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STANDING ROCK SIOUX RESERVATION — The basketball courts in Fort Yates, the central town in this reservation that straddles the border between North and South Dakota, are the first clue to just how bad the narcotics problem has become in the past five years.
The courts are mostly abandoned. Weeds and grass have taken root in the cracked concrete. Trash litters the sidelines, where scores of spectators once sat to watch local teens scrimmage.
“Nobody even plays ball anymore,” said Nola Taken Alive, a lifelong resident of Standing Rock, who makes sure a visitor also notices the rolling hills and the Missouri River’s calm water.
Basketball is still beloved here, a mainstay of reservation culture, but the game isn’t alive in the streets they way it used to be. Instead, roads and lanes are peppered with evidence addictions to meth, heroin and other opiates. Houses where drug busts have taken place are boarded up. Many addicts roam the town, visibly ill, with teeth destroyed, jaws twitching.
“Meth is so noticeable here,” said Chad Harrison, another resident of Fort Yates, who was elected last month to his first term on the Tribal Council. “It’s a very thinly veiled problem because people are physically affected. It’s that emaciated look. You see it everywhere.”
Drug problems have surpassed alcoholism as the primary local substance abuse issue in Standing Rock, he said. It’s so common, he added, that people make light of it.
“If somebody loses weight just trying to be healthy, the joke is, ‘Oh, you must be on meth,’” he said.
To fight the drugs ravaging the Standing Rock community, this summer the Tribal Council passed a resolution stating an intent to banish convicted drug traffickers and dealers from the reservation. If banished, a person would be escorted by law enforcement officers to the reservation’s borders and would risk arrest upon re-entry.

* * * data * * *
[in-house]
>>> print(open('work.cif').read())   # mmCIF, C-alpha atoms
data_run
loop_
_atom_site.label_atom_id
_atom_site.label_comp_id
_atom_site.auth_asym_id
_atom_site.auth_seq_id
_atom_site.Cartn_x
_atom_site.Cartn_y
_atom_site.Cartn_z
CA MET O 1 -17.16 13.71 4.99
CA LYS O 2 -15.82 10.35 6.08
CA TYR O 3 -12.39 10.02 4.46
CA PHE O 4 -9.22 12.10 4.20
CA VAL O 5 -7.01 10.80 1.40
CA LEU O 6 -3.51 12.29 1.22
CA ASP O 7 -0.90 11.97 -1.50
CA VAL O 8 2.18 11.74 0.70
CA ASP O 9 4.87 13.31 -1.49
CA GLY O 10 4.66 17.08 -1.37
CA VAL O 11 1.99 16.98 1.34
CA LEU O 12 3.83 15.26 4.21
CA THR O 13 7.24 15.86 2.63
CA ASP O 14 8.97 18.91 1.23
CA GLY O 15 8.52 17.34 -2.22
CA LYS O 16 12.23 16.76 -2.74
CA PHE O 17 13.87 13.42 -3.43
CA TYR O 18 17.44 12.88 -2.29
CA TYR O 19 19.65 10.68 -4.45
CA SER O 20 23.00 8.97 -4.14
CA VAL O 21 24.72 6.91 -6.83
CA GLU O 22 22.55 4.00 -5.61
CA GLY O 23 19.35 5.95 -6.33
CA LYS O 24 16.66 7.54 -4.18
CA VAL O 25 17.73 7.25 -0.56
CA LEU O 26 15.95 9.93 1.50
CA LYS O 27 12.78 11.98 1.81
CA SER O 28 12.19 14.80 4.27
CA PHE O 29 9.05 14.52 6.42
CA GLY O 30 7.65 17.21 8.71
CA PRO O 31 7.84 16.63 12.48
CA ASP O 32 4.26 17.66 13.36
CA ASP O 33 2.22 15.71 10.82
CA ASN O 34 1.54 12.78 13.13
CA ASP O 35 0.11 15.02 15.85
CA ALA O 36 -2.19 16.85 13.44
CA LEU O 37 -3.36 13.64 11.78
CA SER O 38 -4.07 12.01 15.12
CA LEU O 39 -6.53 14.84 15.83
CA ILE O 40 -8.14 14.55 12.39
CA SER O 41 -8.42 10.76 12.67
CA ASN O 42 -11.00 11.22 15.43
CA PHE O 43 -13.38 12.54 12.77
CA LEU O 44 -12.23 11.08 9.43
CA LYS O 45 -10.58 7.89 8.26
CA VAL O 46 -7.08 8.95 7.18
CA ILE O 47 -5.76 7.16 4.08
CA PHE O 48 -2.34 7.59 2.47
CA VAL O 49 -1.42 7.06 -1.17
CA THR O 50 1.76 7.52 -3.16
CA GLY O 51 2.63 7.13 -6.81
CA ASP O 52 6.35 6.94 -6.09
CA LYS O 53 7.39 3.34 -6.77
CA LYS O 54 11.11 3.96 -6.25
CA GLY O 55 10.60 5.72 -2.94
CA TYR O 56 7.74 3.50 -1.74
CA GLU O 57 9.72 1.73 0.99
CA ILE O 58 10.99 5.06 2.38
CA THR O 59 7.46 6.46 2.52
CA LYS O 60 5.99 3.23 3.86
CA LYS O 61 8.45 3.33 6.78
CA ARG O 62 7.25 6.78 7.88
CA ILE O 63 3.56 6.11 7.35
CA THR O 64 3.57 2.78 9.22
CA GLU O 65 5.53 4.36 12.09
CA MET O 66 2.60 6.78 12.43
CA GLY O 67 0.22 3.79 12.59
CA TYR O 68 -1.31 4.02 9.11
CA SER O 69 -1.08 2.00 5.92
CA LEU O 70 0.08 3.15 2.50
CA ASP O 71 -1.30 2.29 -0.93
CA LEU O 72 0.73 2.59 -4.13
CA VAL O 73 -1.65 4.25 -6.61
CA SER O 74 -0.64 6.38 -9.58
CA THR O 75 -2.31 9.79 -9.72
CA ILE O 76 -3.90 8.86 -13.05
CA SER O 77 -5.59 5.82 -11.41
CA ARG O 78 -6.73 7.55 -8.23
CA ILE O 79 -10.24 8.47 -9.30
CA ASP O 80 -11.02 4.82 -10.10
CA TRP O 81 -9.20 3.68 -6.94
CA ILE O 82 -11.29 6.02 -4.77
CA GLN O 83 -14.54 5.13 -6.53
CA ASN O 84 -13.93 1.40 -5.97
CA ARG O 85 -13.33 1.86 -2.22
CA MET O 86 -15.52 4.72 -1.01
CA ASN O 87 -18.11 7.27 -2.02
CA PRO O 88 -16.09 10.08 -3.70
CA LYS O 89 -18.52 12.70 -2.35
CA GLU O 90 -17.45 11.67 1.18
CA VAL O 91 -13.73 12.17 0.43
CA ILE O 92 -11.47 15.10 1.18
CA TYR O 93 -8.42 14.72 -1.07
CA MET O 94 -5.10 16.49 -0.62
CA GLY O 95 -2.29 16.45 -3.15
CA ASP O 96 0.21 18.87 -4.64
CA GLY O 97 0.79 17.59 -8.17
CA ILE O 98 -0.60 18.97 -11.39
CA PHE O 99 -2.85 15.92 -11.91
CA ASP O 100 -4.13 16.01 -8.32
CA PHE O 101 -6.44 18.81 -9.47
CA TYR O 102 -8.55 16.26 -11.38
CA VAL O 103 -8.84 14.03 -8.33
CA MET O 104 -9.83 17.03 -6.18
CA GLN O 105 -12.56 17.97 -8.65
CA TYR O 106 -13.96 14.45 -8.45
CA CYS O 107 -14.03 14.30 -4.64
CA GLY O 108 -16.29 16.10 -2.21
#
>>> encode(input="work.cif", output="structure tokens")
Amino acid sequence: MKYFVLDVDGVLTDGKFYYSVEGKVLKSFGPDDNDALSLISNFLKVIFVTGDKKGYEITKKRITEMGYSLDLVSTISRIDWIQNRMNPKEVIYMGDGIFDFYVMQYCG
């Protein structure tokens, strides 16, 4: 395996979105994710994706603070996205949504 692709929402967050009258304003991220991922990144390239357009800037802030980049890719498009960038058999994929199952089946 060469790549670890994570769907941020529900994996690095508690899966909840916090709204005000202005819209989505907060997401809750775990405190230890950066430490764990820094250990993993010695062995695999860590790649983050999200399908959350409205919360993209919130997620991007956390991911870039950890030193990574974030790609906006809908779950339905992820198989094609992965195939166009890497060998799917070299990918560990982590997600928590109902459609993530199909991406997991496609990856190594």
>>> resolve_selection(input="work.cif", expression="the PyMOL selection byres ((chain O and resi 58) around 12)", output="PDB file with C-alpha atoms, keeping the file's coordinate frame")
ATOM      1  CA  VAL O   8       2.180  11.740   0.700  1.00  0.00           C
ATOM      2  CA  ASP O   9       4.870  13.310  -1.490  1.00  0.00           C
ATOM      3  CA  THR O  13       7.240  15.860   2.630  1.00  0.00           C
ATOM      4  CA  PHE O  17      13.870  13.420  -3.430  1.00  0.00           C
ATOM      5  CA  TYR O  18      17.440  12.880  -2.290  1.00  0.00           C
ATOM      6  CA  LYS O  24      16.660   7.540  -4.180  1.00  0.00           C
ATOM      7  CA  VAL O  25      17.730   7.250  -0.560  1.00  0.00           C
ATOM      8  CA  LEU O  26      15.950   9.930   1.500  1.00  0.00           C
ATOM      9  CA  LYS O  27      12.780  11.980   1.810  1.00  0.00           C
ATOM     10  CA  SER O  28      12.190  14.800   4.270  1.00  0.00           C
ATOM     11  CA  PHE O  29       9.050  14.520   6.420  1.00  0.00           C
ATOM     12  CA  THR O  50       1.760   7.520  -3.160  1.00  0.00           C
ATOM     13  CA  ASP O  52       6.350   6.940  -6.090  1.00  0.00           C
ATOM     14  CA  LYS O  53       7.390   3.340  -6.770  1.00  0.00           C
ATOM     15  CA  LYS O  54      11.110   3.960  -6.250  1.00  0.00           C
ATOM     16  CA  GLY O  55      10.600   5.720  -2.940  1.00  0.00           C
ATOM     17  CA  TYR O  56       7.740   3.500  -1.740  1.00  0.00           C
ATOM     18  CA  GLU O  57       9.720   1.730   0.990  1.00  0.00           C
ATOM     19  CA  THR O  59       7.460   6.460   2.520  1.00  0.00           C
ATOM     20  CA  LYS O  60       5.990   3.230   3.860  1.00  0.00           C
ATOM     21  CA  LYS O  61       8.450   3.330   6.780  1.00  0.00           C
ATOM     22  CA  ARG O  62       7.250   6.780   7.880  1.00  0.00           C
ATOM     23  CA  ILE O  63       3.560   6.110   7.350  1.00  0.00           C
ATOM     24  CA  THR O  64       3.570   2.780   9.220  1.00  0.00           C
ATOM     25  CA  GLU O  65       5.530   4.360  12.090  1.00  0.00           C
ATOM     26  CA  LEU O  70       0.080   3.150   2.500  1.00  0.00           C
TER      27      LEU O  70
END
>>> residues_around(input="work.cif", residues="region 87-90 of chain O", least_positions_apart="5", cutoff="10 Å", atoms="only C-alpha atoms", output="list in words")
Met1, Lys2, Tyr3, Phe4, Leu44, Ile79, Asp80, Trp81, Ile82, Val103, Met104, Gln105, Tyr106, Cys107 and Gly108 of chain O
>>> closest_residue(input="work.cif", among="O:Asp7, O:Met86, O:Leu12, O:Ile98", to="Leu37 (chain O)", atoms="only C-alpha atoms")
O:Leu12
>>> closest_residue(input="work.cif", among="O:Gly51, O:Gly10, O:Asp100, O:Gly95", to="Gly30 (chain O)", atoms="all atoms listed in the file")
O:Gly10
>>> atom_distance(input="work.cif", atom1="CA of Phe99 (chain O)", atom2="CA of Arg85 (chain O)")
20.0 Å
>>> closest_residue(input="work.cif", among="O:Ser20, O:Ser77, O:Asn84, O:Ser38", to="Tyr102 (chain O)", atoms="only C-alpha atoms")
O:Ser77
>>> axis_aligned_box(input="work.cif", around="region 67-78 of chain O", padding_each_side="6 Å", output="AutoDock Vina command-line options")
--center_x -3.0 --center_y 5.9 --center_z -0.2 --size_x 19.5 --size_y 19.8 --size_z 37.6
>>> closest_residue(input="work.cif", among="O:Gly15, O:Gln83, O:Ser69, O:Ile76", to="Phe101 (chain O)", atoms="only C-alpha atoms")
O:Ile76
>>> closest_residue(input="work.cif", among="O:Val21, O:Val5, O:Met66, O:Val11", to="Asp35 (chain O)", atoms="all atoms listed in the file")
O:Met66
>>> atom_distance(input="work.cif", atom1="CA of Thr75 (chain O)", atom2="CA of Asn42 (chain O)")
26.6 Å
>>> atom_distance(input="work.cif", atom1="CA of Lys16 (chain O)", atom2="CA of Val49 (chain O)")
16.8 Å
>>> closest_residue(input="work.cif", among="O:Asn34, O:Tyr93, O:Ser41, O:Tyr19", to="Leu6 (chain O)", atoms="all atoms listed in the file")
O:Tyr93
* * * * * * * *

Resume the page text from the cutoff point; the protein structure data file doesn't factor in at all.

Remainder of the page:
Standing Rock is not the only tribe in the Great Plains that has turned to the penal tradition of banishment as a way to address struggles with narcotics. The Spirit Lake Sioux Tribe of North Dakota, the Cheyenne River Sioux Tribe of South Dakota and the Blackfeet Tribe of Montana have all recently passed similar resolutions.
A re-emerging trend
Banishment is emerging as a way for tribes to fight the ravages of the illegal drug trade, said Gabe Galanda, a member of the Round Valley Indian Tribes and the director of the National Native American Bar Association.
He suspects that even more tribes will follow. Banishment, after all, is rooted in indigenous tradition, and tribes, desperate to help their people, will assert their sovereignty through this policy instead of waiting for Congress to lend a hand.
“It’s a matter of last resort in an attempt to do something about a drug situation that may only be worsening,” Galanda said.
He emphasized that traditionally, in precolonial times, tribes tended to use banishment sparingly and only for the worst of crimes, like murder and rape.
“Banishment implicates a person’s life, liberty and property interests, and that means the stakes are very high,” he said. In this modern context, “it should still be used sparingly and carefully.”
The concepts of tiospaye and oyate are embedded deep within the culture of Standing Rock. These words are used by the Lakota to describe each member of the tribe as part of an extended family. Rejection from such a tightly knit community would be a uniquely significant punishment for a tribal member.
Chase Iron Eyes, an attorney and activist who founded the popular grass-roots media outlet Last Real Indians, is a lifelong reservation resident and an enrolled member of the Standing Rock Sioux Tribe.
“They passed the resolution in response to desperate pleas from constituents because babies are being born with meth in their system,” he said, “but it’s pretty clear to me that they didn’t think this thing through.”
Iron Eyes is worried that that the banished will simply have a less of chance at rehabilitation, and that tribal government will be subject to legal backlash. Some of those affected might have private property or land in trust.